While growers by nature are an independent lot, the majority of us can name at least one individual who sparked our desire to grow things. Among key influencers, Martha Stewart's name appears high on the list of those from whose books millions of us have torn many a page.
Through a longstanding partnership, Johnny's shares its seeds, tools, supplies, and expertise with Martha Stewart and her gardening team. A group of us were recently invited to visit her historic farm in the Hudson River Valley, New York. Here is a recap and photos of our tour of the grounds and garden led by head gardener, Ryan McCallister.
In addition, Martha graciously gave us insight into how she herself became a lifelong gardener, as well as some thoughts on what gardeners all share in common.
How did your love of gardening first develop?
I have been gardening since childhood, and was taught excellent gardening techniques by my father and other gardening mentors. I am an avid gardener and plan every aspect of my gardens. With three large homes and gardens, I've devoted a good deal of time and energy to growing a wide variety of plant and tree material. As a student of horticulture I constantly research and study many different types of gardening, and my favorite pastime is visiting other people's gardens to get new ideas.
I credit my dad for instilling in me a love of growing all types of plants — from decorative begonias, cycads, agaves, and staghorn ferns, to a very extensive assortment of perennials, trees, and shrubs. A recent interest is growing productive citrus in pots and reestablishing woodlands using seedling trees.
What do you feel you share in common with Johnny's readers and followers?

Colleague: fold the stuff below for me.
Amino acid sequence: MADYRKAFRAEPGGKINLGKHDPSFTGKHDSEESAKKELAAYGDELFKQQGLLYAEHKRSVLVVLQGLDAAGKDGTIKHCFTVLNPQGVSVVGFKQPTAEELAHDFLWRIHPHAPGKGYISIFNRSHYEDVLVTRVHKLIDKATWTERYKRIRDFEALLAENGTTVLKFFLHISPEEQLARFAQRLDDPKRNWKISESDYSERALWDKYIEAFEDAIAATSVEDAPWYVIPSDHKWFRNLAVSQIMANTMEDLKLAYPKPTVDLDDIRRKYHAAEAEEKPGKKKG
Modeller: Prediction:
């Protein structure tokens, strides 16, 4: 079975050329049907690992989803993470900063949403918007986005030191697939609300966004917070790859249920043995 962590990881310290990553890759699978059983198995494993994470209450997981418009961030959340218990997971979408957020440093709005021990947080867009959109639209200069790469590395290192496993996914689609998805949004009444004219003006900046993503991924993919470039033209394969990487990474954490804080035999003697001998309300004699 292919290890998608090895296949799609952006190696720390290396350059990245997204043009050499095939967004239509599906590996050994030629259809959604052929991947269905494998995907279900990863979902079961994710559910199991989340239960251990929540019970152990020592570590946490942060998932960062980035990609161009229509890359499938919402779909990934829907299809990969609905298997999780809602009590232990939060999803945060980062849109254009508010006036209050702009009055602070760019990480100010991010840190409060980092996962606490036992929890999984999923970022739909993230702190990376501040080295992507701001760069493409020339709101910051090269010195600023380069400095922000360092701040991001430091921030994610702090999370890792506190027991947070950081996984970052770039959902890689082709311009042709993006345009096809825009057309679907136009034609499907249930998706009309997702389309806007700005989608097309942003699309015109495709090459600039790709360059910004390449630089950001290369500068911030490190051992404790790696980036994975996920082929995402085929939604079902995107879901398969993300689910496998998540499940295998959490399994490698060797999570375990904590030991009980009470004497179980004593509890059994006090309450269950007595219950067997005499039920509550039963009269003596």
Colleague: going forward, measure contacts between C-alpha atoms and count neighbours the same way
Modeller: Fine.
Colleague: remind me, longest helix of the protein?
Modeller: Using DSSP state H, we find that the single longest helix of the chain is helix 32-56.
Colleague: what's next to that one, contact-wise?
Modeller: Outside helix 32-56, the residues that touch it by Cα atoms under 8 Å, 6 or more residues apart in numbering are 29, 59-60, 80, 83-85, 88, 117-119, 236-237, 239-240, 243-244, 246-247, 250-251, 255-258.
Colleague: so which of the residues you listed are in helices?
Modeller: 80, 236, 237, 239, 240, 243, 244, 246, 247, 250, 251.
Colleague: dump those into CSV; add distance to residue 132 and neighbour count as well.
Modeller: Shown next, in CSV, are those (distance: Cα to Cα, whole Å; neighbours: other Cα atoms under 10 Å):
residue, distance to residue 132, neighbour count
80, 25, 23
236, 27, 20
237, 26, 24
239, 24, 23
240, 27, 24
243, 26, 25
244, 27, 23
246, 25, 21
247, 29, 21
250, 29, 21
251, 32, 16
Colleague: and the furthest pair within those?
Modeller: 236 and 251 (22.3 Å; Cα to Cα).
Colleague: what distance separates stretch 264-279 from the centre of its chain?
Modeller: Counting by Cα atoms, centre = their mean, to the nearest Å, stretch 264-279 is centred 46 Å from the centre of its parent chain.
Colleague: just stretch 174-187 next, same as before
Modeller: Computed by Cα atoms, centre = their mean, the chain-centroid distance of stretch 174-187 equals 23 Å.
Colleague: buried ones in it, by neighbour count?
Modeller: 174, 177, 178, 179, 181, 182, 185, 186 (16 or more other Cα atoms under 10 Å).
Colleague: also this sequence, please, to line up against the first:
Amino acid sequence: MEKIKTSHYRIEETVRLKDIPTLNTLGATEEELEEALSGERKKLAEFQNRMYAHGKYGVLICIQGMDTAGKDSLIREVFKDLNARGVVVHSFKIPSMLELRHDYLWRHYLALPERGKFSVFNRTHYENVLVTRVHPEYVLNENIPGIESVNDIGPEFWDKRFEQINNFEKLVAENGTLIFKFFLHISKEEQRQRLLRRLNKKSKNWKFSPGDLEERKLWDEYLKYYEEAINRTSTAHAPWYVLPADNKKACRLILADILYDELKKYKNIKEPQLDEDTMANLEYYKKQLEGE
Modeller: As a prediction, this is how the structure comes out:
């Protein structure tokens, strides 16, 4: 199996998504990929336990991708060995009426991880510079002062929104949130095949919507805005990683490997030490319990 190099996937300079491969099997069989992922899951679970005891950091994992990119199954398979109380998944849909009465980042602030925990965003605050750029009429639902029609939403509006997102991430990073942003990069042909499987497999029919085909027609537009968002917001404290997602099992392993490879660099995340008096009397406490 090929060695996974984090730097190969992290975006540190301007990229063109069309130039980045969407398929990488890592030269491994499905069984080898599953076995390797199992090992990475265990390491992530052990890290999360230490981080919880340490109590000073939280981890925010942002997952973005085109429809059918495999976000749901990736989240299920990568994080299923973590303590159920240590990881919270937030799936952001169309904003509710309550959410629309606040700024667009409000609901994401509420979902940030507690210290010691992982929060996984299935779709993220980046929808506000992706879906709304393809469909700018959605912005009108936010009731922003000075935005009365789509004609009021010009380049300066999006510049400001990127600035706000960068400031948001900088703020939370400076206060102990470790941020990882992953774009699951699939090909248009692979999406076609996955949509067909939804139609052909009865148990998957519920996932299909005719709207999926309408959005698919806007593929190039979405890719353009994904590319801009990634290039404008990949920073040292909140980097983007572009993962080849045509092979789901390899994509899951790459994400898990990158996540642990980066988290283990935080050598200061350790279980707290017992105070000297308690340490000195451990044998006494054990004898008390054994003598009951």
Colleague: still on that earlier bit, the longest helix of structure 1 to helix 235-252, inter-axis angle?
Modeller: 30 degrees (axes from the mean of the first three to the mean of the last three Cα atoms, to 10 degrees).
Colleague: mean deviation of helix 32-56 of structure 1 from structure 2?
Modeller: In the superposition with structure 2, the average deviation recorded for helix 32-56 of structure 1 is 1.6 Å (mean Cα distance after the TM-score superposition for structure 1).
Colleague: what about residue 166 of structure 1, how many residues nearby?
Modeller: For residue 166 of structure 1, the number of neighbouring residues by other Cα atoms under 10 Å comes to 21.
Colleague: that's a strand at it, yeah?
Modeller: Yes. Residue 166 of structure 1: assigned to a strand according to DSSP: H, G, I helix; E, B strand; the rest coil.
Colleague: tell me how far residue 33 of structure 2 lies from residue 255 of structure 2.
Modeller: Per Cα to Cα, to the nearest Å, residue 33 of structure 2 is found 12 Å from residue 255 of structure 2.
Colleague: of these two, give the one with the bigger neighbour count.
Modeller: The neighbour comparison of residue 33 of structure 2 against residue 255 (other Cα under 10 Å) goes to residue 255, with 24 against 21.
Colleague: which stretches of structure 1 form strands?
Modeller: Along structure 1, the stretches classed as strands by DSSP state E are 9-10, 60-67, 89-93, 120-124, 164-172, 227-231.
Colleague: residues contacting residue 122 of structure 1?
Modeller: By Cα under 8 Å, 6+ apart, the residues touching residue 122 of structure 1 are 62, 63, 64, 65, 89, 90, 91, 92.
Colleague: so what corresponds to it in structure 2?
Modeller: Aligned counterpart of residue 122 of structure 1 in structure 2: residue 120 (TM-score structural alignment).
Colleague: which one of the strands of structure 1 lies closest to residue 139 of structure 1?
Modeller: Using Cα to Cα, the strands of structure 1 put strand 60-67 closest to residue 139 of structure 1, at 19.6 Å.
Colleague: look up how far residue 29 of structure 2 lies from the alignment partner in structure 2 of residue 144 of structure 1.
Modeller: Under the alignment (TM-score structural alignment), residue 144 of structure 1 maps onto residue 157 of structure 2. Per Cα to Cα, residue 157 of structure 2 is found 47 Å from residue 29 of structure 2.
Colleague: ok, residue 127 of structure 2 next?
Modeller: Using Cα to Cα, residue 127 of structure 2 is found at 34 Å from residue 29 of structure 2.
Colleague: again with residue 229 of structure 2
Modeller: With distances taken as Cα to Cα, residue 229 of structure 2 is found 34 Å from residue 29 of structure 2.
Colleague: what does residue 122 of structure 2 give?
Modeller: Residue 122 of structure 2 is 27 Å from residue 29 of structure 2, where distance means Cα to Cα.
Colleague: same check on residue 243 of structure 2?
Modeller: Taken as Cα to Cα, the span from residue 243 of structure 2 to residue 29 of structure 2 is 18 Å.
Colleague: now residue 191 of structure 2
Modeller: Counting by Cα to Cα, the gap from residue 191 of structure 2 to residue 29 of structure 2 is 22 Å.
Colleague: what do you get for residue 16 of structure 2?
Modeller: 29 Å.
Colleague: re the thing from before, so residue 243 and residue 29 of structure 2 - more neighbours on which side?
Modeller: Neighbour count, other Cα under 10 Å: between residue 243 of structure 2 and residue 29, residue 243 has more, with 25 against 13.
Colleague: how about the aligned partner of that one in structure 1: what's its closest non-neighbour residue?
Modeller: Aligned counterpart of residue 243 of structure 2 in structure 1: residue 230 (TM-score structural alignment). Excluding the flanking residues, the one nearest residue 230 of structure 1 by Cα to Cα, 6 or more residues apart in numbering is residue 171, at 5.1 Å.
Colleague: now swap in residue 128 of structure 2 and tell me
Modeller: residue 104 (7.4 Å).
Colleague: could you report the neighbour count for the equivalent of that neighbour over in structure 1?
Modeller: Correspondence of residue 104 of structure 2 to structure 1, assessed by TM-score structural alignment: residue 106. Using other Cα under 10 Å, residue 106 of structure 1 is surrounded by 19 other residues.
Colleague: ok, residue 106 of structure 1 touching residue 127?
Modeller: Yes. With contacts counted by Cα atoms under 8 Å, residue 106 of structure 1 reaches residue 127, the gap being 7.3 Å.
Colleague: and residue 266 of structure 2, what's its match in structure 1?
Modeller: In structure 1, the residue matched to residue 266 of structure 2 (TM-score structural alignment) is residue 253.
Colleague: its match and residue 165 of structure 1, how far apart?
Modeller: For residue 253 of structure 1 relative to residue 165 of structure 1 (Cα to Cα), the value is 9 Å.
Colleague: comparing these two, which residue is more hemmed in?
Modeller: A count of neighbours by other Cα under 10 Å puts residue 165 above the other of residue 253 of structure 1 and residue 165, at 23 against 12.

All serious gardeners need advice, and each searches for sensible solutions to everyday challenges. We all need and want excellent growing tools, including seeds, plants, and growing mediums. I discovered Johnny's years ago and have been an aficionado ever since. I admire the high quality, the innovative and creative solutions, and the beautiful performance of the seeds. And Johnny's has been consistently responsive to the needs and wishes of the farmer, professional or amateur.
Have you learned anything in particular from our partnership?
I particularly like the fact that Johnny's employs the genius and expertise of experts like Eliot Coleman, whose innovative tools help solve problems and make chores easier.
It's great to hear Martha's story in her own words. Like Eliot Coleman, she has inspired so many of us to learn to do things at a level of excellence we may not have imagined ourselves capable. And, in this 20th year of Eliot Coleman's participation on Johnny's Tool Advisory and Design Team, we tip our caps to both these icons of the grow-it-yourself renaissance.
On the day of the tour we arrived early so that Ryan and our Tools & Supplies Manager, Adam Lemieux could demo some new tools together. We were greeted at the property's entrance by Ryan; Jocelyn Santos, Martha's media producer and blogger; and Shqipe Berisha, Martha's personal assistant, who accompanied us to a nearby Victorian-style glasshouse.
Here's a look at the glasshouse exterior (above right), flanked by a wide border of currants, gooseberries, and raspberries. Behind Jocelyn are some of the most extraordinary climbing hydrangeas in existence (at left, and inside the dotted ellipse at right). Entering between a pair of Camperdown elms, we found ourselves in the midst of Martha's extensive collection of exotics (below). Each of the long, tightly packed benches glides smoothly across rolling pipes to allow easy maintenance of the begonias, orchids, succulents, and dozens of other tropical and subtropical specimens.